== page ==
A. Lawrence Kocher Collection(1921–1973)
- MS 1986.12
- 5 cubic feet
The A. Lawrence Kocher Collection documents the lengthy career of architect, editor, and colonial architecture and history authority A. Lawrence Kocher. The collection consists of general and personal correspondence, articles, lecture notes, monographs, news clippings, reviews, project and subject files, research notes, drawings, and photographic prints and negatives. Includes project files on various buildings or sites including Black Mountain College, Colonial Williamsburg, and Charles City Courthouse. Subjects include architecture, Colonial Williamsburg, the College of William and Mary, and other matters. Includes photographs of American architecture, art and objects, people, and furniture.
Monographs contained within the collection have been removed and accessioned into the Kocher collection of books on architecture and are available in the Foundation Library.
A. Lawrence Kocher was an architect, editor, teacher and well-known authority on colonial architecture and history. He was born in San Jose, California, in 1885. He received his B.A. from Stanford in 1909, his M.A. from Pennsylvania State College in 1916, and studied at the Massachusetts Institute of Technology from 1910 until 1912, and New York University. He was an honorary member of the Alpha Chapter of Virginia of Phi Beta Kappa.
Mr. Kocher began his teaching career in 1912 as an instructor in Architectural History and Design at Pennsylvania State College. He was promoted to full professorship in 1918 and served as head of the Department of Architecture until 1926. In 1926 Mr. Kocher became head of the School of Architecture at the University of Virginia, a position he held until 1928. From 1928 until 1938 he was managing editor then editor of the Architectural Record and is credited with revitalizing the journal and giving it a more international focus. In 1938 Kocher joined William Frank Hitchens of the Carnegie Institute of Technology in reorganizing the Institute’s Department of Architecture. From 1940 to 1943, under a Carnegie Institute Artist-in-Residence grant, Mr. Kocher helped to design the new academic campus of Black Mountain College, and served as professor of Architecture there. He concluded his academic career at the College of William and Mary, where he served as lecturer in Fine Arts from 1944 until his retirement in 1959.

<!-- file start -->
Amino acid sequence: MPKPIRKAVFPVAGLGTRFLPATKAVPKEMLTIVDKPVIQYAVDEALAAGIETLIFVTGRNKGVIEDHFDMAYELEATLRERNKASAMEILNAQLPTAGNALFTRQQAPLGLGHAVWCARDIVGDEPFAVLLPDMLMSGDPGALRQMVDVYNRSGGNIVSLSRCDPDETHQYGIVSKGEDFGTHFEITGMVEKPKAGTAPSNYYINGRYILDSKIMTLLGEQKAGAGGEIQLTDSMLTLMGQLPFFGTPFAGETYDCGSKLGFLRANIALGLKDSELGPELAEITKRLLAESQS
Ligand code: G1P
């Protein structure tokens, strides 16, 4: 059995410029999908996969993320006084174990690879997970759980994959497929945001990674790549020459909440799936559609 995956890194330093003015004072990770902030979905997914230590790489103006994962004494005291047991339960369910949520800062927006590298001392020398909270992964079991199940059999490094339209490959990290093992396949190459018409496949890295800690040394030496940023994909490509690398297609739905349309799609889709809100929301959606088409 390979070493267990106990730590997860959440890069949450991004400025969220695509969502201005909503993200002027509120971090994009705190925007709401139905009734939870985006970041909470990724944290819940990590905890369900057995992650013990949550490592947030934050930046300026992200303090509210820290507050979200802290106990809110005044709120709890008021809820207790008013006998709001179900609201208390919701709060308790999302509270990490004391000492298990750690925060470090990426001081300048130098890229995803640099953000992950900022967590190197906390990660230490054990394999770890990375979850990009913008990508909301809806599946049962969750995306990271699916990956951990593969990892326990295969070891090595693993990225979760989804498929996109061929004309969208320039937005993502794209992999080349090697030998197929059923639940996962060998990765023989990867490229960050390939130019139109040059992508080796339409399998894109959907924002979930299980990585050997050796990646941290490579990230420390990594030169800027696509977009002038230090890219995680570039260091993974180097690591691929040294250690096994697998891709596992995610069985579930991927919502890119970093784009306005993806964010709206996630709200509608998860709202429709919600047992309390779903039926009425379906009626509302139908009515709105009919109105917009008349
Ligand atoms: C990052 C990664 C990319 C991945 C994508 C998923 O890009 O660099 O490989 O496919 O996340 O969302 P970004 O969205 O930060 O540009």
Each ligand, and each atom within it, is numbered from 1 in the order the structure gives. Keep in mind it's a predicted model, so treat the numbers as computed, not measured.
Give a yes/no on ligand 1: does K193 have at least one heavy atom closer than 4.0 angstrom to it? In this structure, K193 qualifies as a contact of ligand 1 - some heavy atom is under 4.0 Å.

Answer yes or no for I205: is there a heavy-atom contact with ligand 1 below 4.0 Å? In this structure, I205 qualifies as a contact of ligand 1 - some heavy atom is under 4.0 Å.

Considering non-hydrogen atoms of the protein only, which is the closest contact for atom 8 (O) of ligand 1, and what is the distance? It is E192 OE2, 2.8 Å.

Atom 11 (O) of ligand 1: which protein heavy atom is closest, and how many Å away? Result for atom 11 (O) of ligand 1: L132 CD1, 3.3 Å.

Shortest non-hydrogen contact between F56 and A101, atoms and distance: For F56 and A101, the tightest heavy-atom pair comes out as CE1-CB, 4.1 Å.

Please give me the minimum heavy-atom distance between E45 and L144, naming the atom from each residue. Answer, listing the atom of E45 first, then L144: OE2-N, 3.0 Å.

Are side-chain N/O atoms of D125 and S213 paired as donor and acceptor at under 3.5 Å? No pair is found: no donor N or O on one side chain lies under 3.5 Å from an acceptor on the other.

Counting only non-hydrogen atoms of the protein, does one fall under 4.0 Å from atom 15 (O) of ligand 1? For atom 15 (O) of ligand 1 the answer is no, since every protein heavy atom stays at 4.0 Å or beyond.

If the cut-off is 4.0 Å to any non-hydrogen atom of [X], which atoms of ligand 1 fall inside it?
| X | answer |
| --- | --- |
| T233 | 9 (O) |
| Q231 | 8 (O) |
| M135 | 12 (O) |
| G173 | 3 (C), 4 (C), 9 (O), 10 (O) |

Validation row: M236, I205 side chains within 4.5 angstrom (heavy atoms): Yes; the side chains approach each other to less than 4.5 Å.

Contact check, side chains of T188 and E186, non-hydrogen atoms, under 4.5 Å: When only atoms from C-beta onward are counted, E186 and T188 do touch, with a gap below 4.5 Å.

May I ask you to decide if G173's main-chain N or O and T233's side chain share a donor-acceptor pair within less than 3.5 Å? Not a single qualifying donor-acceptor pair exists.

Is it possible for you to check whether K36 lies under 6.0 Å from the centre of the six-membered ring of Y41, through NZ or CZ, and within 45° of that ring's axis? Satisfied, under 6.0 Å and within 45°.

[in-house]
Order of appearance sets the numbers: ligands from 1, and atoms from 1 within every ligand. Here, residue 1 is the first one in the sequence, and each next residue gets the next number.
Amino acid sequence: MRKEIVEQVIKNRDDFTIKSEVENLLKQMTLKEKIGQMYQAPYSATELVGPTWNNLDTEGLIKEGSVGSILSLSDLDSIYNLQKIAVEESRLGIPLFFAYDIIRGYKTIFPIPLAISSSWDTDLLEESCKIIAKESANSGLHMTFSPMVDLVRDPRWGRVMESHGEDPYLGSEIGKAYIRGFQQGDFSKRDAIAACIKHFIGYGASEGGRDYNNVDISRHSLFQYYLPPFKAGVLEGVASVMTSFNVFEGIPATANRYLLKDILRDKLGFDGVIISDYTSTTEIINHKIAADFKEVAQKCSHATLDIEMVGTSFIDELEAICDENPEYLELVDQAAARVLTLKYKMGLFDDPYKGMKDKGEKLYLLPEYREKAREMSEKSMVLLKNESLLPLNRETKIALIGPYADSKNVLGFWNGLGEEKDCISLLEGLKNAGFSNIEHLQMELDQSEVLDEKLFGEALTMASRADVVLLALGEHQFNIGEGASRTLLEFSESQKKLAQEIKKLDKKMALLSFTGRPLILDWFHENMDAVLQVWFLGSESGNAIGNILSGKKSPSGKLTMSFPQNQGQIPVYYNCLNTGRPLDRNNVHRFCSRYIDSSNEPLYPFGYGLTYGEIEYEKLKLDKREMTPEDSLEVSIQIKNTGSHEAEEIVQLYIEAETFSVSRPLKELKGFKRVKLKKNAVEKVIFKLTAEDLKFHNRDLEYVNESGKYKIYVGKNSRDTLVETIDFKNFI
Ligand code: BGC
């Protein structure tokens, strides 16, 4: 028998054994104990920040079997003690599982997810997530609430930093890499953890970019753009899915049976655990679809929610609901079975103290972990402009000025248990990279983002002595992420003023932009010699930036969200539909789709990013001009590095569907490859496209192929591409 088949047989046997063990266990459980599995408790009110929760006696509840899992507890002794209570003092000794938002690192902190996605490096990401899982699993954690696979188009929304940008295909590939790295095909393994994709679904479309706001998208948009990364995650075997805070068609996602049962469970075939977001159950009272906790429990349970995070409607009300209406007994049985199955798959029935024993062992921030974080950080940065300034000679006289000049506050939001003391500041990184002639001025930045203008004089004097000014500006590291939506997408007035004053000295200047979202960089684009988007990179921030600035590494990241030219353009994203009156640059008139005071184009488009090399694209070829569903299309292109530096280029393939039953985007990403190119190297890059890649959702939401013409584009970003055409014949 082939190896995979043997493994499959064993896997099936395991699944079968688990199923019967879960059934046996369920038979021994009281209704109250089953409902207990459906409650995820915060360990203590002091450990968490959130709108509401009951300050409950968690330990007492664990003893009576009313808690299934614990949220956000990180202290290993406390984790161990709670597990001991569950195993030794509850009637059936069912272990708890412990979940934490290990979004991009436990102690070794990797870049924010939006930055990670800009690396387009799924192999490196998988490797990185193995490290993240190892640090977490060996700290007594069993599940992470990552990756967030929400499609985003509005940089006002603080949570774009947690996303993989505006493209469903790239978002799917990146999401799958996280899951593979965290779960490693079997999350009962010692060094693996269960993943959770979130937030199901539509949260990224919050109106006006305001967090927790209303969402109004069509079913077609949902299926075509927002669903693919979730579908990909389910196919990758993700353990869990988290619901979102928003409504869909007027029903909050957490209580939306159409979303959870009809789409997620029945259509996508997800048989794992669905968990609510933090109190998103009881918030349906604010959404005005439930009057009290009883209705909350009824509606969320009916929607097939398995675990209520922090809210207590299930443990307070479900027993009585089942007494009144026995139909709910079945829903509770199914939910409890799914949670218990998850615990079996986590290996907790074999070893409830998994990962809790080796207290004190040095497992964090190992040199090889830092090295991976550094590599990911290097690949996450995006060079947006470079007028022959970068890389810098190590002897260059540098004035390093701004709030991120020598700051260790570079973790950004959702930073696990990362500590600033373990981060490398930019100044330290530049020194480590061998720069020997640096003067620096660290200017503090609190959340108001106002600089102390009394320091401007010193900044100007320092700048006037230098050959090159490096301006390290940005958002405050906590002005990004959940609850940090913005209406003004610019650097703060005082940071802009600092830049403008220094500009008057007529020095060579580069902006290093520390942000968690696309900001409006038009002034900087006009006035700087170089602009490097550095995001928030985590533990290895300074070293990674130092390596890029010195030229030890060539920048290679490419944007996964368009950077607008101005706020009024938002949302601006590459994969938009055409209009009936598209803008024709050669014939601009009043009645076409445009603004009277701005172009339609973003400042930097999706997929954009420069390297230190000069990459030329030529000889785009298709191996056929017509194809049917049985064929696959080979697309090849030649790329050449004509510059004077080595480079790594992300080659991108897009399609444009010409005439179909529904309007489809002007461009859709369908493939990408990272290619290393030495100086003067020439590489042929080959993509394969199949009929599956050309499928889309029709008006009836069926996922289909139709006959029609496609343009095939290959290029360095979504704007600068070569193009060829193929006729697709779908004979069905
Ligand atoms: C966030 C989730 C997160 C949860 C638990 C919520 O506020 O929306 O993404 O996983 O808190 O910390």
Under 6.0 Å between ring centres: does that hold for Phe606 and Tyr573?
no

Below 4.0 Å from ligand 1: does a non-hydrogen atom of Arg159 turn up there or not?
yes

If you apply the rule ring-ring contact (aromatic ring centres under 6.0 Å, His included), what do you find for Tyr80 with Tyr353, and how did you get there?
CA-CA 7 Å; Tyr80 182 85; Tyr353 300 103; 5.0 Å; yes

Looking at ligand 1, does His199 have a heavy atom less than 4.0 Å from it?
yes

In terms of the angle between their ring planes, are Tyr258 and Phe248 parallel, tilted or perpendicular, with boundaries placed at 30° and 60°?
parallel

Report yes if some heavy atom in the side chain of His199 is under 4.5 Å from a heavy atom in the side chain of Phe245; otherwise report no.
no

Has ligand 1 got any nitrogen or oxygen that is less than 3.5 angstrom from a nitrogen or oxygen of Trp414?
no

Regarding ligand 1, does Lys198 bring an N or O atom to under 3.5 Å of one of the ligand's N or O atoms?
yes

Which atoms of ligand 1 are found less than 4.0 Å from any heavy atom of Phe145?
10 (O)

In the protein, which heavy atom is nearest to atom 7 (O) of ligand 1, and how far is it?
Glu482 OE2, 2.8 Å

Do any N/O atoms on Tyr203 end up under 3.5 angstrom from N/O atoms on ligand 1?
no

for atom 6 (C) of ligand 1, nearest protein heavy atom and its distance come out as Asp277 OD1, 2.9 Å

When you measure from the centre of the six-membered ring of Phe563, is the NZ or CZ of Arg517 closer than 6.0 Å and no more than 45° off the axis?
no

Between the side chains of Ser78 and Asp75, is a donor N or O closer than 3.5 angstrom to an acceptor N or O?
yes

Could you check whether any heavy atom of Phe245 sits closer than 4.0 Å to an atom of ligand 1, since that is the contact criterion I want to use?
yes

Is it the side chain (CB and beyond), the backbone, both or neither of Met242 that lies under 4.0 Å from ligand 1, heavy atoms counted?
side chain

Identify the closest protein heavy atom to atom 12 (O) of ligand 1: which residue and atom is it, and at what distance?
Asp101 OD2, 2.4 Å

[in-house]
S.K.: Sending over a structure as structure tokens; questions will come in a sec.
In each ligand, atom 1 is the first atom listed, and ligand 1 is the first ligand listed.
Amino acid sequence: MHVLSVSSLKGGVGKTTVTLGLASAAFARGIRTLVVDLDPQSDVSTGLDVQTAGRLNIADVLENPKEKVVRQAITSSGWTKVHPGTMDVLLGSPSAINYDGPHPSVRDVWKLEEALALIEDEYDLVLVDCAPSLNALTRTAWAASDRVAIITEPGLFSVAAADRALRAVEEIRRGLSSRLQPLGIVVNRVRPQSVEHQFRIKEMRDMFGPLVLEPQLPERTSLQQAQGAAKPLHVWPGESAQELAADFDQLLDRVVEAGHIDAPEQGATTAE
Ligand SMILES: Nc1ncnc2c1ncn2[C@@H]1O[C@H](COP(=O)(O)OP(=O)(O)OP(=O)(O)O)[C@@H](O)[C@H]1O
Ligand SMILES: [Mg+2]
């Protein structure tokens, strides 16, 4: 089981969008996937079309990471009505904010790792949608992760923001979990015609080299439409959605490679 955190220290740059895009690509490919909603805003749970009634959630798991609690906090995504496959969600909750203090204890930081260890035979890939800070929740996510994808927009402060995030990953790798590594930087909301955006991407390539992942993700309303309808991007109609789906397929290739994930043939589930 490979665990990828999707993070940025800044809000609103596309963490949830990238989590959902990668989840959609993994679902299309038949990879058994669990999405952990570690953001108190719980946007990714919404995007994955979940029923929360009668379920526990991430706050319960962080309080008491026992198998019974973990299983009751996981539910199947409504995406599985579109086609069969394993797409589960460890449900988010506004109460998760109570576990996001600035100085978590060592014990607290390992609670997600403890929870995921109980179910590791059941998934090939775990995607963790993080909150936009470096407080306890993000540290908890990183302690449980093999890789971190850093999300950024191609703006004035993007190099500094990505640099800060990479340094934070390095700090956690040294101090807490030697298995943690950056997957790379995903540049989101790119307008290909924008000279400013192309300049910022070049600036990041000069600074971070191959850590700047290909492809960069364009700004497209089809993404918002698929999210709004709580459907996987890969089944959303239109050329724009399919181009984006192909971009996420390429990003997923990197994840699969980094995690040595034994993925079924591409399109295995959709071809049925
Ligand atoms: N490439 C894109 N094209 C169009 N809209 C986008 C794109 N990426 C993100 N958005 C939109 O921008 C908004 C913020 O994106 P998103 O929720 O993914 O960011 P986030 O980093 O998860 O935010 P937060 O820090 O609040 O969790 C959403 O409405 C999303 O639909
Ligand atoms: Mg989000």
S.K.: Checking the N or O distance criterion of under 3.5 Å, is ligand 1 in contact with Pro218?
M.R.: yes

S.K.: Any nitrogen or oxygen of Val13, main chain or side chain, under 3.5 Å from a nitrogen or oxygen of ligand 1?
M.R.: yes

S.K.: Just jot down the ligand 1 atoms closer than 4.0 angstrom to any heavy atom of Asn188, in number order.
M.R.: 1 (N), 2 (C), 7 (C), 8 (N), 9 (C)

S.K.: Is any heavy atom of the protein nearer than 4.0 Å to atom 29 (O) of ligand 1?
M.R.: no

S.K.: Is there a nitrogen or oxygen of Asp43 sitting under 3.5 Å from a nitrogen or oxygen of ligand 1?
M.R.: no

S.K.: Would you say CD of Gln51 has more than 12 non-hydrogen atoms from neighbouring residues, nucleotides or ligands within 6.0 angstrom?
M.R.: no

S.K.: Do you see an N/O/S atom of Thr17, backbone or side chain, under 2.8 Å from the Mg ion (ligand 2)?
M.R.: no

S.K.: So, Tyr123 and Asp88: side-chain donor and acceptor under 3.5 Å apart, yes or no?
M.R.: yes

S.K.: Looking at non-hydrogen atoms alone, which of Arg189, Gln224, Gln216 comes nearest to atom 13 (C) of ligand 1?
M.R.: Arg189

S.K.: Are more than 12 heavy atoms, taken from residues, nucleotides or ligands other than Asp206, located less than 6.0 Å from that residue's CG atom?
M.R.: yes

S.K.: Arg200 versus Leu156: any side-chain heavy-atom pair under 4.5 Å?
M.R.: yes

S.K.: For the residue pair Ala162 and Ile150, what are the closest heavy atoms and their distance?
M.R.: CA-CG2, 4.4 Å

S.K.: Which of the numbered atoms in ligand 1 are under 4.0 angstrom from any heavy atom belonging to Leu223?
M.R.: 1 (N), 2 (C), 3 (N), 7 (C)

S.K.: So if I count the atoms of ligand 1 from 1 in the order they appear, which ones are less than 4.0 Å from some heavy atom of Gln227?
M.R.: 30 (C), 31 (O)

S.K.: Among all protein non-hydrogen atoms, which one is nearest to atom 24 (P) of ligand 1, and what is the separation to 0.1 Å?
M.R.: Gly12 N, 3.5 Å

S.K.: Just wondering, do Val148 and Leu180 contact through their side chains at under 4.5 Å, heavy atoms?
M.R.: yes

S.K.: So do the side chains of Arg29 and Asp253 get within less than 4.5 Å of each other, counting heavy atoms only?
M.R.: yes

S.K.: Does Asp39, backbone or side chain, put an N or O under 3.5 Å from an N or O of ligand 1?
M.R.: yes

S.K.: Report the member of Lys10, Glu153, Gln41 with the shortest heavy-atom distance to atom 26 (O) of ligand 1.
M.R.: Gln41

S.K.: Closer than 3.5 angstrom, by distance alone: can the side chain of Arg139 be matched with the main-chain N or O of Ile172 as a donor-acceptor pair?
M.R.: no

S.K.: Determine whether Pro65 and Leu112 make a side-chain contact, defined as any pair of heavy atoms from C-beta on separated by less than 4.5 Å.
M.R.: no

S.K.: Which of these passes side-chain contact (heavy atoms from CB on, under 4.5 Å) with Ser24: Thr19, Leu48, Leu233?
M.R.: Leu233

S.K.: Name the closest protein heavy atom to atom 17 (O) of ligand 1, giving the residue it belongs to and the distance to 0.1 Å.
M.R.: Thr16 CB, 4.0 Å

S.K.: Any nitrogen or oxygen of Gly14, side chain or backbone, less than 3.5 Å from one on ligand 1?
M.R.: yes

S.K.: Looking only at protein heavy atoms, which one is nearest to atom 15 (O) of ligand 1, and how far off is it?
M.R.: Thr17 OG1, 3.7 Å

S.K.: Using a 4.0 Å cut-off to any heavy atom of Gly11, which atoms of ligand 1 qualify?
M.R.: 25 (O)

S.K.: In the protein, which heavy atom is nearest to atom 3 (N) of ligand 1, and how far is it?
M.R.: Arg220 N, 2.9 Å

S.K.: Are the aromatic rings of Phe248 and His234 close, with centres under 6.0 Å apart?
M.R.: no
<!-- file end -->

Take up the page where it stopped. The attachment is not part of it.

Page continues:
Mr. Kocher was appointed to Colonial Williamsburg’s first Advisory Committee of Architects in 1928. As a member of this committee he helped to establish policies that have governed the Foundation’s restoration work ever since. In 1944 he joined the Foundation staff as Editor of Architectural Records. While at Colonial Williamsburg he developed his glossary of 18th-century architectural terms, translating them into contemporary language.